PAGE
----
2020 Social Media Update

We’ve written before about the importance of social media in your farm or small batch food business’s marketing strategy.  As with all things technology, shifts are taking place in the social media landscape.  Consumer behavior is changing.  Application popularity is shifting. We thought an update was in order.

Social media remains relevant in most people’s lives.  In 2019 79% of the US population engaged with social media, down slightly from a peak in 2017 at 80%.  And what’s important to you as a farmer or food business owner is more people are turning to social media to research products.

Below we’ve summarized the top 3 social media trends.  We have also included our thoughts on how you can modify your social media strategy to make the most of your marketing time and energy.  Our sources for this article include both Global Web Index’s Flagship 2019 Report: Social, and Edison Research: The Infinite Dial.

Facebook is losing steam but still relevant.

One of the most significant trends in the US is that less people are using Facebook. In the US alone, Facebook has lost almost 15 million users since 2017.  For those who have maintained their Facebook account (61% of social media users), there is a marked shift away from using Facebook to broadcast information and toward more voyeuristic behavior.  This behavior includes turning to Facebook for news, entertainment and product research.

The rise of entertainment instead of connection.

Instead of posting content to their broader social network, users are more likely to turn to social media for entertainment. Video is taking off as a form of entertainment on all platforms. Instagram, which some may not know is owned by Facebook, is one of the platforms gaining users. With Instagram focused on image and video rich content, it is easy to understand why Instagram is one of the faster growing social media platforms.

Interestingly, YouTube is the #2 social media platform as measured by membership. However, YouTube is unique in that it does not require a user to be logged in as a member in order to view content on the platform.  If we look at the platform that has the most use in a one month period, YouTube rises to the top (ahead of Facebook), likely because of its high entertainment factor.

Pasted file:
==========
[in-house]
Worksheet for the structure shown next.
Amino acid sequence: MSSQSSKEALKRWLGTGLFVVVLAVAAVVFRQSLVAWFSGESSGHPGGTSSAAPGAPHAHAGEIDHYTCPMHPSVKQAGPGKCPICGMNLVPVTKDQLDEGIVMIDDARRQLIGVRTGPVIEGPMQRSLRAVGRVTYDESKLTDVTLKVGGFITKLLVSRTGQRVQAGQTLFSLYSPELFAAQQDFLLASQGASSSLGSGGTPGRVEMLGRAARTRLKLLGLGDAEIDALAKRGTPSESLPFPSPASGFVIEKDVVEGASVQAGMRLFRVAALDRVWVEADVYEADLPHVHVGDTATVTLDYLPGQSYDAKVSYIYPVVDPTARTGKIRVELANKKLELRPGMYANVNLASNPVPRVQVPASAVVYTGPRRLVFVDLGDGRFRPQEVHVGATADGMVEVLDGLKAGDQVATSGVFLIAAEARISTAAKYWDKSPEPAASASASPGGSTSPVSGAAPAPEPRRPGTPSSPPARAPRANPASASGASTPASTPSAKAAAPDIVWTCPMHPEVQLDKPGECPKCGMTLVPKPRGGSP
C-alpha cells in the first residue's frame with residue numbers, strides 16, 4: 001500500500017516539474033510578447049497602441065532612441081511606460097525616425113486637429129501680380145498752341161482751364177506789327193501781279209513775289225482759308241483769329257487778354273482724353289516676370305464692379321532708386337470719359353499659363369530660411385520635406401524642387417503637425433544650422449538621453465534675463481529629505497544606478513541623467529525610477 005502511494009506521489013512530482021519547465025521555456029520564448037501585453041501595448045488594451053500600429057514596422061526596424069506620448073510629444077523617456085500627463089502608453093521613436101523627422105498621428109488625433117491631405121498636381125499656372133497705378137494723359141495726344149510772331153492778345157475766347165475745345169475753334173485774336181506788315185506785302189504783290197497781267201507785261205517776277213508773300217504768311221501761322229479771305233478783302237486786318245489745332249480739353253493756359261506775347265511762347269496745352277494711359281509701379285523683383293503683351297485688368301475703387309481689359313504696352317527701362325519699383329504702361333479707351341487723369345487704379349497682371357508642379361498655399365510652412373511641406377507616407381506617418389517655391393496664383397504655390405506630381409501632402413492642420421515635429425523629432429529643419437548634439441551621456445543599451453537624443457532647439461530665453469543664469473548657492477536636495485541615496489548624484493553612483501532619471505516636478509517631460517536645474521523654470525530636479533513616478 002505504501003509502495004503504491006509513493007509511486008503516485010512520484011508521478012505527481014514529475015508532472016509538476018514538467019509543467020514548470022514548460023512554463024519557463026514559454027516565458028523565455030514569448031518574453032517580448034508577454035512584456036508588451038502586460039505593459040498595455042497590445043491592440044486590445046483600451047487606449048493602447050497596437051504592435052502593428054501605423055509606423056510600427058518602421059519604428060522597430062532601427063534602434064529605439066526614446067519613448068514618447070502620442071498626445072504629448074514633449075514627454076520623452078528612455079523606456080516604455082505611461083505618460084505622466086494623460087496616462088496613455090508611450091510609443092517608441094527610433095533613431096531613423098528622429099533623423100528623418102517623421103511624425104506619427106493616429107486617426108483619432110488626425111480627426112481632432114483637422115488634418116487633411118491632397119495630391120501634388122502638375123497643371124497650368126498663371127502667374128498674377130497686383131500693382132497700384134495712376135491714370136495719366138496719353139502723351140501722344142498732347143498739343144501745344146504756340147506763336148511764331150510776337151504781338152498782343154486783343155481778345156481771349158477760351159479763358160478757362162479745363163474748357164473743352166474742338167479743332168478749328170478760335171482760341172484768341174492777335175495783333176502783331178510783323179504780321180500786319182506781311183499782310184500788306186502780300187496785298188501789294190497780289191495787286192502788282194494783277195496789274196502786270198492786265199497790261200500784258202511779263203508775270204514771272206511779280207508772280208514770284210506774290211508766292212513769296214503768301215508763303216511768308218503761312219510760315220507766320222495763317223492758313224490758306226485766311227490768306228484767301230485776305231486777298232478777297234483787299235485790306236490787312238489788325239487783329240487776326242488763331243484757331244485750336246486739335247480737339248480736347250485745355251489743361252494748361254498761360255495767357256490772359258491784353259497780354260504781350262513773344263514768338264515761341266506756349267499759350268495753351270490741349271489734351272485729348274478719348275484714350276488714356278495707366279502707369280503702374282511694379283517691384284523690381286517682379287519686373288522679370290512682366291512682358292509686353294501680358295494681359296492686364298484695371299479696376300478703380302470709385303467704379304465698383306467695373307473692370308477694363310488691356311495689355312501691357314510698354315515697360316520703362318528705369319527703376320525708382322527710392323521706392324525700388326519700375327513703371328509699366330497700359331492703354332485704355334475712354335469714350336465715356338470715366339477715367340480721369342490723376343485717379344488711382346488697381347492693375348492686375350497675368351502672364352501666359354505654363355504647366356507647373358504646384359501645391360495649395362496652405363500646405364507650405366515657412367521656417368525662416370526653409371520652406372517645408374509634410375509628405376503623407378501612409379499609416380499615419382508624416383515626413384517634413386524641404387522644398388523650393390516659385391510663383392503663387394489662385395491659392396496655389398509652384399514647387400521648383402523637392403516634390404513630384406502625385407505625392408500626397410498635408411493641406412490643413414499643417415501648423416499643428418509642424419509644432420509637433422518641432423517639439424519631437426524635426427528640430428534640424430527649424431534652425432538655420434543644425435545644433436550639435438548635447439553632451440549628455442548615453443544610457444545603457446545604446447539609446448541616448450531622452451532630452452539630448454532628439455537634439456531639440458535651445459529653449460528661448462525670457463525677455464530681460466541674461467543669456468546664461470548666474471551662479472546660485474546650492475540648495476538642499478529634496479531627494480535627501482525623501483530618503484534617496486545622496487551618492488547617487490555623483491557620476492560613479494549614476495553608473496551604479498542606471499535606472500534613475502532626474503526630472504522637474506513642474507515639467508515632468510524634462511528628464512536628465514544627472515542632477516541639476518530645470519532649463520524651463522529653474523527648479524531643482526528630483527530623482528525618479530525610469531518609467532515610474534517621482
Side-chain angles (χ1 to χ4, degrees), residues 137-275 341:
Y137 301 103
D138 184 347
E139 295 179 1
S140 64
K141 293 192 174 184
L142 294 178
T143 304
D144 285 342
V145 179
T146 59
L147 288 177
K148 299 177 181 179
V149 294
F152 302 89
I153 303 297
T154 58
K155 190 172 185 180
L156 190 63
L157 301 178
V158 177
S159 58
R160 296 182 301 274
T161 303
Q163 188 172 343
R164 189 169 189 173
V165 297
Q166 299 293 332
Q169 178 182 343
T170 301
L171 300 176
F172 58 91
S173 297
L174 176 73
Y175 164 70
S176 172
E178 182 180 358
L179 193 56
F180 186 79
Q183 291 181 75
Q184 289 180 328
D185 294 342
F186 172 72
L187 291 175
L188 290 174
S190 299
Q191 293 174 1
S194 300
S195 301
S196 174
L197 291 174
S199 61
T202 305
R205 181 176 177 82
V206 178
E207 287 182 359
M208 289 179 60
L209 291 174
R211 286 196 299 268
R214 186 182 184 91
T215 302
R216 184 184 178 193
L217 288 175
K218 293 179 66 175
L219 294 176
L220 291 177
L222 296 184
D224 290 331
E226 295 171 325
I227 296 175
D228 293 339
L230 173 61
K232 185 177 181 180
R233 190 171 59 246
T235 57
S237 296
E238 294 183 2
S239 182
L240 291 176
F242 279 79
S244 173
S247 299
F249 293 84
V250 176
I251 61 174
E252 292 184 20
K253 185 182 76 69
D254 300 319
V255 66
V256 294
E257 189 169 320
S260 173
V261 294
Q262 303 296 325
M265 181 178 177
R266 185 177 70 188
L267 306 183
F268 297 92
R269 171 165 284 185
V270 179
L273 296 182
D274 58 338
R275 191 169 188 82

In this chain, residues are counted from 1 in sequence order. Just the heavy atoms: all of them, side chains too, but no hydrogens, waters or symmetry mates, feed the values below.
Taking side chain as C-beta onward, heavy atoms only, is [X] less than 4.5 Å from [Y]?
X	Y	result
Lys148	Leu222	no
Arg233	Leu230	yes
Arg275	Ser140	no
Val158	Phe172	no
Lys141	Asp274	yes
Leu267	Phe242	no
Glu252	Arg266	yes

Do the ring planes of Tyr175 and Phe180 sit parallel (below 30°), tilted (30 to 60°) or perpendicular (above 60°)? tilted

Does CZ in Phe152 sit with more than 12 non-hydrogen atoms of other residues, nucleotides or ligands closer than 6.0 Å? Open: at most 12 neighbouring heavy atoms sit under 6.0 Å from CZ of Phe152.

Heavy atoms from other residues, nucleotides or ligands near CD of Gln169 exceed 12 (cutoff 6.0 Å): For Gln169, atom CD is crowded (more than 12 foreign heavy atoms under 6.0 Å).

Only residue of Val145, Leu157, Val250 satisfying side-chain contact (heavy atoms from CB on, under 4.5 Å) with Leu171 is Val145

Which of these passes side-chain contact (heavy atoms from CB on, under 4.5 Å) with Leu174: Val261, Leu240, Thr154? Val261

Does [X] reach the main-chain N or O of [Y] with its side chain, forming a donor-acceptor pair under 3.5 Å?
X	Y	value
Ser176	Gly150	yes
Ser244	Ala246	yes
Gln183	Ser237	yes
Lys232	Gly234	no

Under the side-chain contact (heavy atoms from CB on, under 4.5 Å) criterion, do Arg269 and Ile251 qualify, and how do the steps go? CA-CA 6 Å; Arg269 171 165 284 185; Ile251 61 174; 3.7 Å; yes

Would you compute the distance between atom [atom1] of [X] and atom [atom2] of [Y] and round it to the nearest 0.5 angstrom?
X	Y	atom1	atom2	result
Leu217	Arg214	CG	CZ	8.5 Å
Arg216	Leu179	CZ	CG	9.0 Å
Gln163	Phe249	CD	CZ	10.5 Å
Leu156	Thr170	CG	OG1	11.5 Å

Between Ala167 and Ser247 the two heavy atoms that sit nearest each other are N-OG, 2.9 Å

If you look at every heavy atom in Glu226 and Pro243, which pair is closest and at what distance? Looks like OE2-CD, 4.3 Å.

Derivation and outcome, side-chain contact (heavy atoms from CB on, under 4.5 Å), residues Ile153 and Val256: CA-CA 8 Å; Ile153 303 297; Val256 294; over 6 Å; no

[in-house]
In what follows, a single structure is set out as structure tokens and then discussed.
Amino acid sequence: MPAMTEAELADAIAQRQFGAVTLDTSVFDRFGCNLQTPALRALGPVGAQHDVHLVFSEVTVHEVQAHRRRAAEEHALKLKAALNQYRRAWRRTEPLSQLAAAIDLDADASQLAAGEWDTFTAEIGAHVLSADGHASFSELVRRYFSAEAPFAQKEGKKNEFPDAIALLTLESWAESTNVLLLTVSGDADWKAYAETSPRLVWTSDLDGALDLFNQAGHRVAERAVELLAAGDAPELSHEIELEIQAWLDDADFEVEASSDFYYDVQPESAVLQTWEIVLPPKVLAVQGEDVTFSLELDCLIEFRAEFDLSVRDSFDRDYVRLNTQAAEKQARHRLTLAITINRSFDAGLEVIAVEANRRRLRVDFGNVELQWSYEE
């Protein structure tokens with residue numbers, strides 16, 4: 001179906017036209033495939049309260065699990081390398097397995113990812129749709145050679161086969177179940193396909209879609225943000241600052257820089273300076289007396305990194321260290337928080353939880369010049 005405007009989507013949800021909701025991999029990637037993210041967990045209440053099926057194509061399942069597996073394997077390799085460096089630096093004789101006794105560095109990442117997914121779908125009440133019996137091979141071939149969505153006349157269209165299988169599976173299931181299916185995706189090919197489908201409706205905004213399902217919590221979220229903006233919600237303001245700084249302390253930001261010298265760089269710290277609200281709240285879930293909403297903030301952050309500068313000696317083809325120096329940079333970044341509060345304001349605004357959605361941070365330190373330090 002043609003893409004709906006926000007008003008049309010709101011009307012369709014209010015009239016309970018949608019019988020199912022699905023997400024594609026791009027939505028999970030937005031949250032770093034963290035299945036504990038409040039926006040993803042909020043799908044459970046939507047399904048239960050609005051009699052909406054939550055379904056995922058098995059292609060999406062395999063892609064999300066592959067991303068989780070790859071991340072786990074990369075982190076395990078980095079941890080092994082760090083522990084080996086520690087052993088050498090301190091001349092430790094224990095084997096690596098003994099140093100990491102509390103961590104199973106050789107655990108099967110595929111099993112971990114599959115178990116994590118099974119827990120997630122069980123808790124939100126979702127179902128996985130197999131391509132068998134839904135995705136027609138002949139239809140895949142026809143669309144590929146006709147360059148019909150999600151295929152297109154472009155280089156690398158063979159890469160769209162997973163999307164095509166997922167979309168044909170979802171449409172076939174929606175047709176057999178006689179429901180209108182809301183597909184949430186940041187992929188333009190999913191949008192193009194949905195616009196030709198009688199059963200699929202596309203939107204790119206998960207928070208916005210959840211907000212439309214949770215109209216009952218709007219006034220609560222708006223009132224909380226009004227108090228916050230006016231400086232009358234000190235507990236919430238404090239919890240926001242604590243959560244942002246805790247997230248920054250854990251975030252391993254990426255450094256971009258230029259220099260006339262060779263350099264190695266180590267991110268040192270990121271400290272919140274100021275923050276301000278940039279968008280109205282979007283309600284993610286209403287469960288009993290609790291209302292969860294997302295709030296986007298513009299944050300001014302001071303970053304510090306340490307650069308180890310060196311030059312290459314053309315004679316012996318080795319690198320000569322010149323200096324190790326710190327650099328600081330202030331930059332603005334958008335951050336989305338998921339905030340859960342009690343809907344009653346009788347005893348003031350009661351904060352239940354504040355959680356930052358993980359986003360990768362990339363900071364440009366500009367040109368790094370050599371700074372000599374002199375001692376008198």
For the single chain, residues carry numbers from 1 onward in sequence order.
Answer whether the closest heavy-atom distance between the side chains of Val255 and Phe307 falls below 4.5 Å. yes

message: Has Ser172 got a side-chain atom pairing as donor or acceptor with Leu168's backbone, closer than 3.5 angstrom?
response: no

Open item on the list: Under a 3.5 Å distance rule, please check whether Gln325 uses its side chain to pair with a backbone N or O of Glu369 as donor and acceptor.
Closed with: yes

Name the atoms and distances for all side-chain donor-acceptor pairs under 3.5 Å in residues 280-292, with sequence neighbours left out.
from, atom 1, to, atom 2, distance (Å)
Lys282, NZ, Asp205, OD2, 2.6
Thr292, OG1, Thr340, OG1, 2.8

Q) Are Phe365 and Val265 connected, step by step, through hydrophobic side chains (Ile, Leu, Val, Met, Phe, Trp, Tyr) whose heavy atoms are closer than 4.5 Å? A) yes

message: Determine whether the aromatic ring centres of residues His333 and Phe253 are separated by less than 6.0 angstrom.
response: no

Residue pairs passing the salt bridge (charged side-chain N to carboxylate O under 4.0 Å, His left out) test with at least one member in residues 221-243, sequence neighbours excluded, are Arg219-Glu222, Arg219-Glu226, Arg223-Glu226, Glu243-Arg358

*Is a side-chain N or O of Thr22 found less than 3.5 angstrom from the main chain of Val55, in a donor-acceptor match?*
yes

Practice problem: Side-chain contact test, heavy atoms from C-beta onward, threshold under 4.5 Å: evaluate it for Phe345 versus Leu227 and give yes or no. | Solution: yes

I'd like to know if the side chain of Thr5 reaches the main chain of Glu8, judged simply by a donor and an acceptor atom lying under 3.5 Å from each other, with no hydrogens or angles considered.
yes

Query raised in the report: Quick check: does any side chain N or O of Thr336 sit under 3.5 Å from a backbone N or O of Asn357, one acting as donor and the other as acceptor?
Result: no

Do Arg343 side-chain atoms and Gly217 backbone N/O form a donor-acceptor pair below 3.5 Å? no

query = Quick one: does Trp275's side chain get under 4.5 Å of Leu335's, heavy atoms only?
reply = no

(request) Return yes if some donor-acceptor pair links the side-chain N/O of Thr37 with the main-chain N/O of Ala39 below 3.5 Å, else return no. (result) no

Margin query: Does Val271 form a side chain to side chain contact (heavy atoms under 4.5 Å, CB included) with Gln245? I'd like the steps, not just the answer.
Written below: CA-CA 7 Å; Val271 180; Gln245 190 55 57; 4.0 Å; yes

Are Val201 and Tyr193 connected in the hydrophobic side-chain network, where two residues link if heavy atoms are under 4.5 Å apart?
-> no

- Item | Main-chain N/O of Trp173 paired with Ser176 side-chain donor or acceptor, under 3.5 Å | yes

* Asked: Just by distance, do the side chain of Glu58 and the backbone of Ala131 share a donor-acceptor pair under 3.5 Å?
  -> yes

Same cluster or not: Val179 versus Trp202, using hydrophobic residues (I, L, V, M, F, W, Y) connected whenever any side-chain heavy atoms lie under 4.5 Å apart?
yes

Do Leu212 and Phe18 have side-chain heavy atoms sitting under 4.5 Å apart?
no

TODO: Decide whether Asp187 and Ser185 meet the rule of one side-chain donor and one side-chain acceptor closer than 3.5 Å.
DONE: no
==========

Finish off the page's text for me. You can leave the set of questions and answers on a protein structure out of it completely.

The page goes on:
People are increasingly using social media to find and research products and brands, but are hesitant to purchase within social media platforms.

A growing number (34%) of social media users in the US will “follow” brands they like on social media. But when it comes to purchasing, only 6% are motivated to buy through a social media platform if a “buy now” button is present.  A vast majority of consumers prefer to go to the businesses website to complete the purchase.  Social media is used as a research tool in a consumer’s buying journey, but is not the endpoint.  The endpoint is your business website.

Make the most of your marketing time

Social media should continue to be a part of your marketing strategy.  The shift toward social media as entertainment is significant.  However, this shift can benefit you as a farm or food business interested in selling to your local community.   Here are a few takeaways that may help as you are planning your marketing for the coming season:

Keep up your Facebook page.

Prospective customers expect your business will be on Facebook, as it’s the bread and butter of social media.  Post content at least once a week.

When posting, take the pressure off by posting, commenting and attributing third party content.

Content from other attributed sources, such as articles, video or images, can take the pressure off of needing to constantly come up with original content.  Add your personal comments on why you think the article, image or video is funny, interesting, and/or relevant.  This strategy will further your relationship with your buying audience by providing a broader sense of your brand personality.  Aim for a 4:1 ratio of third party content to original content.

Your social media account should always link to your business website (ideal), or a personalized shopping page if your business does not have a website.

The fact that 94% of social media users are NOT likely to make a purchase within a social media platform is evidence that your business needs an online presence and ecommerce capabilities outside of social media.

Social media audiences are looking for entertainment!

Curating original content that is entertaining and furthers your brand will take work.  Consider using Facebook as a place to tell your story with words and some images, but flip that on Instagram.  Use Instagram to post photos and videos, with limited comments.

Post on Instagram.

Here are a couple of articles to help you get started on Instagram: Instagram for small business. 7 steps to master Instagram for business.

If you have the time, energy and are a bit of a character, consider creating your own YouTube channel.

YouTube is an interesting mix of highly produced slick videos with big budget production companies and charming, if somewhat unpolished, videos for target niche areas.  Successfully building a following doesn’t take big bucks, but it does take time and a thoughtful content plan.  Here are a couple of resources to help you get off the ground:    How to edit your YouTube videos on a shoestring budget; How to optimize your videos for YouTube search.

Good luck with your posting!